The Scarlet Letter
Nathaniel Hawthorne
Contributed by Tereasa Jacob
Chapter 5-6

Summary—Chapter 5: Hester at Her Needle

After a few months in prison, Hester is released and free to go where she likes. She chooses to stay in Boston, albeit at the edge of town and the fringes of society. She and Pearl live in a small abandoned cabin. They are ignored by everyone, including of course the town fathers but also people such as many women, children, beggars, and strangers. The town leaders use her as a cautionary tale for women, as she is a “fallen woman.” It is Hester’s wonderful talent at needlework that makes her able to support her child and herself despite her status as an outcast. She creates lovely embroidery. People use her work for things such as officials’ robes, christening gowns, and burial shrouds. The only important garment that Hester is not allowed to work on is that of a wedding gown for “virtuous” brides. Although Hester is able to maintain this livelihood, she is very lonely and strongly feels her extreme isolation. She is not able to find any sympathy or companionship, despite her best efforts. She is very charitable and does a lot of needlework for the less fortunate, but she finds herself frequently insulated. She also finds it demoralizing to have to work with rough cloth instead of fine fabric when she does this work.  She isn’t able to make full use of her talents. Several years pass in this way.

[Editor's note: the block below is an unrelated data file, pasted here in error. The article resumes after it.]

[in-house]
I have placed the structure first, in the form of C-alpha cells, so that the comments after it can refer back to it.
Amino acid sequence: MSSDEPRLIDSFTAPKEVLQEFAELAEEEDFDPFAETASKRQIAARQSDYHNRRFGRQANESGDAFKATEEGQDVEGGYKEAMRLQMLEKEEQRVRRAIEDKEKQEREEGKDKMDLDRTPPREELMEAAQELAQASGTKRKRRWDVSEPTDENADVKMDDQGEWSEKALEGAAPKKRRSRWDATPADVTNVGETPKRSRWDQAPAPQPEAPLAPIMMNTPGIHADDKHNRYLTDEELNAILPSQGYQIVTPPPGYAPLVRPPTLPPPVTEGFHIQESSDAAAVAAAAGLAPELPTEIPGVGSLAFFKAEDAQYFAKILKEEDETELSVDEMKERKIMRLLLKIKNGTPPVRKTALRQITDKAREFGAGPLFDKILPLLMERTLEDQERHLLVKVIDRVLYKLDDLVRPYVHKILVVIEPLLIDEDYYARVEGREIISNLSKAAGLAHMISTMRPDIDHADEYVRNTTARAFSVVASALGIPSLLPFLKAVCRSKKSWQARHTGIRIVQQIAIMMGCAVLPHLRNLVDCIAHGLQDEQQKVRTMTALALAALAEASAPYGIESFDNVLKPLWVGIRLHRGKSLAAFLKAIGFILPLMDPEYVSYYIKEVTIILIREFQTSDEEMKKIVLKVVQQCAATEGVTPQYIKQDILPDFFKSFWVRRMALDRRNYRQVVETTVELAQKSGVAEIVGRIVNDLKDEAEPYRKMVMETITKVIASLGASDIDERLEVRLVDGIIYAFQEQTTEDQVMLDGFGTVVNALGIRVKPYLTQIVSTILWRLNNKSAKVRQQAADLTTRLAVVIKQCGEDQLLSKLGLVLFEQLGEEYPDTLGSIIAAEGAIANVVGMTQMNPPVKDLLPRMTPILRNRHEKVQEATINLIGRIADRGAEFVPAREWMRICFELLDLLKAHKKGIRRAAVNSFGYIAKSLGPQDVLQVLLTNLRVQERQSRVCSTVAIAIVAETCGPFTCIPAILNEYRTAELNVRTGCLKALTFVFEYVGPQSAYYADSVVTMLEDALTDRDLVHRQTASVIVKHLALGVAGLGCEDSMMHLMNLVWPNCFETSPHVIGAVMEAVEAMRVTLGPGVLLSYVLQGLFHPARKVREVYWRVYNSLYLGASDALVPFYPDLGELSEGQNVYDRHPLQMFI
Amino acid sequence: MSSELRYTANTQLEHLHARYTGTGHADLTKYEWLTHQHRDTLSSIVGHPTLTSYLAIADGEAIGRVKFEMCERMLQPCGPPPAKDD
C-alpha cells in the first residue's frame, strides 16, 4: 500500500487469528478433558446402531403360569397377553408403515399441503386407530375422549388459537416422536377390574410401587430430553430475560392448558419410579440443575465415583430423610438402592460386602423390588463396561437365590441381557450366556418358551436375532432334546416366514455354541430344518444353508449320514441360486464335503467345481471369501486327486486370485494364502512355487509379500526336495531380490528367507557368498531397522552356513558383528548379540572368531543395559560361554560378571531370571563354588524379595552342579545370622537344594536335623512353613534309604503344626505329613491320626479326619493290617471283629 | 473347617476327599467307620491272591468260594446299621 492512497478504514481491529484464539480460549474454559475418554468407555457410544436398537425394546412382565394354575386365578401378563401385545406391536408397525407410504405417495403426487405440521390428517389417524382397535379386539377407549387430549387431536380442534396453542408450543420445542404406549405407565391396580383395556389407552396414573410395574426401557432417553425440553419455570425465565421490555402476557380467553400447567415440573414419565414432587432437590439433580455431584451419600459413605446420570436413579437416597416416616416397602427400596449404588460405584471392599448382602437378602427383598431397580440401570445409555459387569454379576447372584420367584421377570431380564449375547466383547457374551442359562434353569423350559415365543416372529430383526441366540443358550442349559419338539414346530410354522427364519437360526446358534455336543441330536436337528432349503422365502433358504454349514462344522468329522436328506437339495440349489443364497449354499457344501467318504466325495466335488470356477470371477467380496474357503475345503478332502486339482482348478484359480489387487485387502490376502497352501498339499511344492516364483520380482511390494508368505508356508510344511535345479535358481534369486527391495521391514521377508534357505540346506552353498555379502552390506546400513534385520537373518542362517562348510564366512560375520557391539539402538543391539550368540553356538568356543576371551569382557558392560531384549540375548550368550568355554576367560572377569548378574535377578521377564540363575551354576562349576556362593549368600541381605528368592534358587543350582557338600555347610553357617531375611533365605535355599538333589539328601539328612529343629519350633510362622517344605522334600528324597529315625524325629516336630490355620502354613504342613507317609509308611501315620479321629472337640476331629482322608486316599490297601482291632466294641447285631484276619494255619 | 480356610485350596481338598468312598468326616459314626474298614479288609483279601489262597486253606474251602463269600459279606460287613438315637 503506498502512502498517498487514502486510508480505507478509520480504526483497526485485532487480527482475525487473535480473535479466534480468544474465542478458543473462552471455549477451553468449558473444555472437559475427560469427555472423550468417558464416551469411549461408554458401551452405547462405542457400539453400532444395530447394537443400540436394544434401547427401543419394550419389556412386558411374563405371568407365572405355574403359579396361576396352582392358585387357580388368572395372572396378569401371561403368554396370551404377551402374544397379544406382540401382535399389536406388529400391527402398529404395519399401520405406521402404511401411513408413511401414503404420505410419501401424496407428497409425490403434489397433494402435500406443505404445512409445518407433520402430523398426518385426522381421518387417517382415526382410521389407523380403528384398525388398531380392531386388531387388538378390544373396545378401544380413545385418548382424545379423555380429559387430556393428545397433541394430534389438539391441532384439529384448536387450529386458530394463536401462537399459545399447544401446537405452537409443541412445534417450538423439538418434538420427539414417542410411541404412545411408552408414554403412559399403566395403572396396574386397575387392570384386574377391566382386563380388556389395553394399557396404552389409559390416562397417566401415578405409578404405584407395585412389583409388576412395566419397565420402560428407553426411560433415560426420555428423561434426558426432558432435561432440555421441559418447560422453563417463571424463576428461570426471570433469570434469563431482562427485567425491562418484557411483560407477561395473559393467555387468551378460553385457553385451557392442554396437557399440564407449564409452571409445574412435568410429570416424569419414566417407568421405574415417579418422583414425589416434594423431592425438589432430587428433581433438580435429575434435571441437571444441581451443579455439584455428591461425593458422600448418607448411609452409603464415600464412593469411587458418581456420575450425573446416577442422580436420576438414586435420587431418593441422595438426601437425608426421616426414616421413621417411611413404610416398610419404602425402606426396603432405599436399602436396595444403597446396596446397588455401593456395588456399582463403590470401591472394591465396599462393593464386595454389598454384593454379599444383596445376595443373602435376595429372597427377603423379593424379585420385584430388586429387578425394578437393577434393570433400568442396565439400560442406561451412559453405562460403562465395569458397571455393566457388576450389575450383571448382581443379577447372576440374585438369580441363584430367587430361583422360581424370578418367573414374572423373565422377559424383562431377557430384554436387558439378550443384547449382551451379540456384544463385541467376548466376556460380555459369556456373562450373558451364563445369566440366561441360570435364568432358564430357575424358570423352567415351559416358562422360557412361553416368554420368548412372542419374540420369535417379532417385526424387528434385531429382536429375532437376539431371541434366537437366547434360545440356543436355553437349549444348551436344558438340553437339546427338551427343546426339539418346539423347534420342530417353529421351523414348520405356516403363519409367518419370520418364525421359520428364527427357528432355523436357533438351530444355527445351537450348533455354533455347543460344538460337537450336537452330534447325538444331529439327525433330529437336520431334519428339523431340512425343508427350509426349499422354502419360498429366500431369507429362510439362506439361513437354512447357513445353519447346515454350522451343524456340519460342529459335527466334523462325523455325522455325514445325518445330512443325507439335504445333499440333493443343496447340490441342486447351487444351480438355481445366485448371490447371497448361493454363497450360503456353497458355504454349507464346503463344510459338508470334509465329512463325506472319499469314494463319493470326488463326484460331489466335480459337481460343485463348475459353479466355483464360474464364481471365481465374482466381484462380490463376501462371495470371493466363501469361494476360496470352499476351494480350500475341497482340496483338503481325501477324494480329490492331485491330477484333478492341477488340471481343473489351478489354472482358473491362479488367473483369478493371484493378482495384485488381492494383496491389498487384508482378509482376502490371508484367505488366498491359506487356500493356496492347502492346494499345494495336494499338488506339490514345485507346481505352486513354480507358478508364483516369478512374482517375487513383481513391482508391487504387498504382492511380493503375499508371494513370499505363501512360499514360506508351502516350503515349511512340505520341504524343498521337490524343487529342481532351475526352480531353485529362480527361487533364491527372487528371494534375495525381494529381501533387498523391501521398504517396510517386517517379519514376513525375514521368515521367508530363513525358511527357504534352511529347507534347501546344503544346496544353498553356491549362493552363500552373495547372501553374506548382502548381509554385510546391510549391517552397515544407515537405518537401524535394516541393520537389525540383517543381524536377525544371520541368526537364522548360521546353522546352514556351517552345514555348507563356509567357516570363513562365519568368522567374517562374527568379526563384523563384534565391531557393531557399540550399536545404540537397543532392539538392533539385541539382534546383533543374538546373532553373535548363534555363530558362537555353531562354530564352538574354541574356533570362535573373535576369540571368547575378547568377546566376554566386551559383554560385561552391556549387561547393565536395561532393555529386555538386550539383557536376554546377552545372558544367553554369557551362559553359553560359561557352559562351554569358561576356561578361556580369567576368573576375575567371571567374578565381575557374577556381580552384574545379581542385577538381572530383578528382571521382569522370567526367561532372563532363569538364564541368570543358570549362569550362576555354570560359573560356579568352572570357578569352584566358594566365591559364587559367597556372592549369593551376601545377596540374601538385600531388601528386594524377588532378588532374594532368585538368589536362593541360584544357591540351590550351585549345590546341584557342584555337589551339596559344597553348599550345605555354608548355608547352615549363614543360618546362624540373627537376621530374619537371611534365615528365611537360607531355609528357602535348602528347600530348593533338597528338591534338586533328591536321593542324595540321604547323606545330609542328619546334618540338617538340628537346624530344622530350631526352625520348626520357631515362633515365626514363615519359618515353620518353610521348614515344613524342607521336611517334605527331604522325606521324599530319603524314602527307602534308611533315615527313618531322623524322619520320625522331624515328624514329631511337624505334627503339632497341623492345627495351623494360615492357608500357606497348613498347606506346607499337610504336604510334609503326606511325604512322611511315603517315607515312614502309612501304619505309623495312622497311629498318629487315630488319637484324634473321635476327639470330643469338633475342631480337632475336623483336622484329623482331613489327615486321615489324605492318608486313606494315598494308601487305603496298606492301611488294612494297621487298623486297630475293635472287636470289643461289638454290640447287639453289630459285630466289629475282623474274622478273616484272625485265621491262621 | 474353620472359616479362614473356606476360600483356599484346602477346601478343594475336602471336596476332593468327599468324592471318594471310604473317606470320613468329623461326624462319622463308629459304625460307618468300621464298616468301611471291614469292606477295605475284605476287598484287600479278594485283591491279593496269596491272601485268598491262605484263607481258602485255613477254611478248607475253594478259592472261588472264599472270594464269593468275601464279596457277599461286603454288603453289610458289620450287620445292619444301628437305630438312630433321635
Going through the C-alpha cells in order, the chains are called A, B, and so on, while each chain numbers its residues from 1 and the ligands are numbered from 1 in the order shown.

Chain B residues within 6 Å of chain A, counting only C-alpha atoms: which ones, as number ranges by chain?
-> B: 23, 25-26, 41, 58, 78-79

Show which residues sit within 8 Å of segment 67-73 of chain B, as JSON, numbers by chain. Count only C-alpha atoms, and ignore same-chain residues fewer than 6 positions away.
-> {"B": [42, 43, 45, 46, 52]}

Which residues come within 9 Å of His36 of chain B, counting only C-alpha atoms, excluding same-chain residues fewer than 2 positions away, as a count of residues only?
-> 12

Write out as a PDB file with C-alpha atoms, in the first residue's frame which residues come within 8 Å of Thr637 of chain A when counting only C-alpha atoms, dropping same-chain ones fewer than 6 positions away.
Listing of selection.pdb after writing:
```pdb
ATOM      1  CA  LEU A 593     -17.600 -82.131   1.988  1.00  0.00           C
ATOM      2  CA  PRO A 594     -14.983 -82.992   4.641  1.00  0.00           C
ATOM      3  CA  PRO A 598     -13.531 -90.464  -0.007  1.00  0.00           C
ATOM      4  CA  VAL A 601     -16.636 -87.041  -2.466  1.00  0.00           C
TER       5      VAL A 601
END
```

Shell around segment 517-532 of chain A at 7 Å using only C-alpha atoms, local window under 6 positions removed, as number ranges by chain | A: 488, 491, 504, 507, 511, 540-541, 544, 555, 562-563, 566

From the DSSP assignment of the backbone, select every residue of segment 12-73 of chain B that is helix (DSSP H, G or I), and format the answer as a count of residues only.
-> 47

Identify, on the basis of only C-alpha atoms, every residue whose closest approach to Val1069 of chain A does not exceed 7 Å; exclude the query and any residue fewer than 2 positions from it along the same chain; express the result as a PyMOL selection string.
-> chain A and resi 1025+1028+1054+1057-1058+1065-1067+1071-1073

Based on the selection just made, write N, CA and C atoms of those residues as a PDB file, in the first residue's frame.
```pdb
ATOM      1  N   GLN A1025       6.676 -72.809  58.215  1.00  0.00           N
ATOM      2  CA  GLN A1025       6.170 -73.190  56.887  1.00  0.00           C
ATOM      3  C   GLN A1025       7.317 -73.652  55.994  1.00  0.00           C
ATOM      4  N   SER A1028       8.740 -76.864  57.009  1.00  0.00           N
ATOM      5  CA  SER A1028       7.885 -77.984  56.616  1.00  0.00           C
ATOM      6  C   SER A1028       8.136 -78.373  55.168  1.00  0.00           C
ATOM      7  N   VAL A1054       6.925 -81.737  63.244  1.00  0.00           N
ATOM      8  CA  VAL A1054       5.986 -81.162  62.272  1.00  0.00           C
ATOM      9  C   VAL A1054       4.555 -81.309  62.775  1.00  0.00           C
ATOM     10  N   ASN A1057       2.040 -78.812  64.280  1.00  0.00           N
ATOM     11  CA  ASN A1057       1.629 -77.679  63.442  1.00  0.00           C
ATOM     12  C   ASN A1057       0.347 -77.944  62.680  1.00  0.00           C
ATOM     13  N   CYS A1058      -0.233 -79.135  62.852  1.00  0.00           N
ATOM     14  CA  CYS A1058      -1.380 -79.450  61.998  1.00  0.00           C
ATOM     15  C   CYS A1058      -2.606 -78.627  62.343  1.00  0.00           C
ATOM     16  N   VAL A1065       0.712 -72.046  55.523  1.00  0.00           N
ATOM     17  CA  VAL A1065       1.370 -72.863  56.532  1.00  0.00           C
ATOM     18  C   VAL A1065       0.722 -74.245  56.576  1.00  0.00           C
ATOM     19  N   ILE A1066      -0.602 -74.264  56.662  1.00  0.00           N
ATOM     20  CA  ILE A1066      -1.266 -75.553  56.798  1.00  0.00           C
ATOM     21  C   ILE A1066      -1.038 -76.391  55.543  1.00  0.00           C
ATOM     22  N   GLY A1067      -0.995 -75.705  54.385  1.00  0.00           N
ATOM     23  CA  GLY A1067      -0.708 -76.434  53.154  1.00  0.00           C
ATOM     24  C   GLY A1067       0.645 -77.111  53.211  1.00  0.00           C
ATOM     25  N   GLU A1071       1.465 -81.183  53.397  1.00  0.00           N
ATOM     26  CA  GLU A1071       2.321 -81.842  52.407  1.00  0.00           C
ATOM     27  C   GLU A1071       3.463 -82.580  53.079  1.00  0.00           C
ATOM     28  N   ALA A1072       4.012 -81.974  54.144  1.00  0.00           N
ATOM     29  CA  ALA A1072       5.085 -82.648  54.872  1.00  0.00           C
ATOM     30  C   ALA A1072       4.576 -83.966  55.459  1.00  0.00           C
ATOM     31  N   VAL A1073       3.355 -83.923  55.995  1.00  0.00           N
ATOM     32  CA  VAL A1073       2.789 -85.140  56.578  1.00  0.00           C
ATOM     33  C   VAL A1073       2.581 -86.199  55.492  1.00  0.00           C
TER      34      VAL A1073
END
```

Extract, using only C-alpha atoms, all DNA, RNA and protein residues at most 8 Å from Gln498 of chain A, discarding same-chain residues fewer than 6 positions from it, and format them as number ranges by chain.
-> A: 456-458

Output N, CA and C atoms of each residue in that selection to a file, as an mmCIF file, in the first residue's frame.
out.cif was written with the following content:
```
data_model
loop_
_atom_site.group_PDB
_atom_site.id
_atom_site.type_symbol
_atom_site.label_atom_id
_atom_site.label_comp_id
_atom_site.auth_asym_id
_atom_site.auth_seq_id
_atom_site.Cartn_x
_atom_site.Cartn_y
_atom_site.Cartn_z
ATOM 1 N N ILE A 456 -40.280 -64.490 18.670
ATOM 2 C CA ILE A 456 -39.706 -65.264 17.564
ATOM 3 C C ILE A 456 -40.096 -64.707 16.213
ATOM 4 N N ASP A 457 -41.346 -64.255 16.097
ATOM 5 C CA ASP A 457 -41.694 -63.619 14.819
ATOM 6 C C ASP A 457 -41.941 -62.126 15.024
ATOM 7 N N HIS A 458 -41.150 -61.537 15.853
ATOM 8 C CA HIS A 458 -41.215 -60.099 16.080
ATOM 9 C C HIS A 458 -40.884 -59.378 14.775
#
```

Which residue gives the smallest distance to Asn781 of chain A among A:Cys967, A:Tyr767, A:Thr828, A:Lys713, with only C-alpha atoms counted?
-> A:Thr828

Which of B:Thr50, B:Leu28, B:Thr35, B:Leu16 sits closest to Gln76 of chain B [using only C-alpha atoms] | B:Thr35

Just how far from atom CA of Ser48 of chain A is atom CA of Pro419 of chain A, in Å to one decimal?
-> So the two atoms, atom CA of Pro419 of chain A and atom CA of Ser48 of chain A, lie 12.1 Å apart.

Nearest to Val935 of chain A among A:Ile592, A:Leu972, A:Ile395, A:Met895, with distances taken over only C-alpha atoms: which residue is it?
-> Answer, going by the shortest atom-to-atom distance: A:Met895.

Summary—Chapter 6: Pearl

Pearl is her mother’s daughter: she is rebellious, independent, moody, and defiant. Hester loves her daughter very much, and she worries about her. Pearl, like her mother, is an outcast in the society in which they live. Hester worries about Pearl, her only joy and consolation. One of the reasons why little Pearl is such an outcast is because the people around her object to very existence: they feel she should never have been born. They see her as being only a result and consequence of her mother’s sin.

Like her mother, Pearl is socially isolated. Other children treat her badly and reinforce the idea that she and her mother are completely alone. Pearl develops a vivid imagination, creating imaginary people for friends. Pearl sees how cruel the townspeople are to her mother, and this gives her all too much insight into what their position is. Pearl is seen as an “imp of evil, emblem of product of sin; she has no right among christened infants.” Pearl believes that she has “no Heavenly Father.”

It is Pearl’s level of insight and wisdom for one so young that makes Hester sometimes wonder whether it could be true that she is a demon-child, as the townspeople believe. The little girl stares at her mother’s scarlet “A”, and she likes to touch and examine it. One day, she touches it with wildflowers and Hester responds by saying, “Child, what art thou?”. Hester asks her mother about what she is and what their origins are.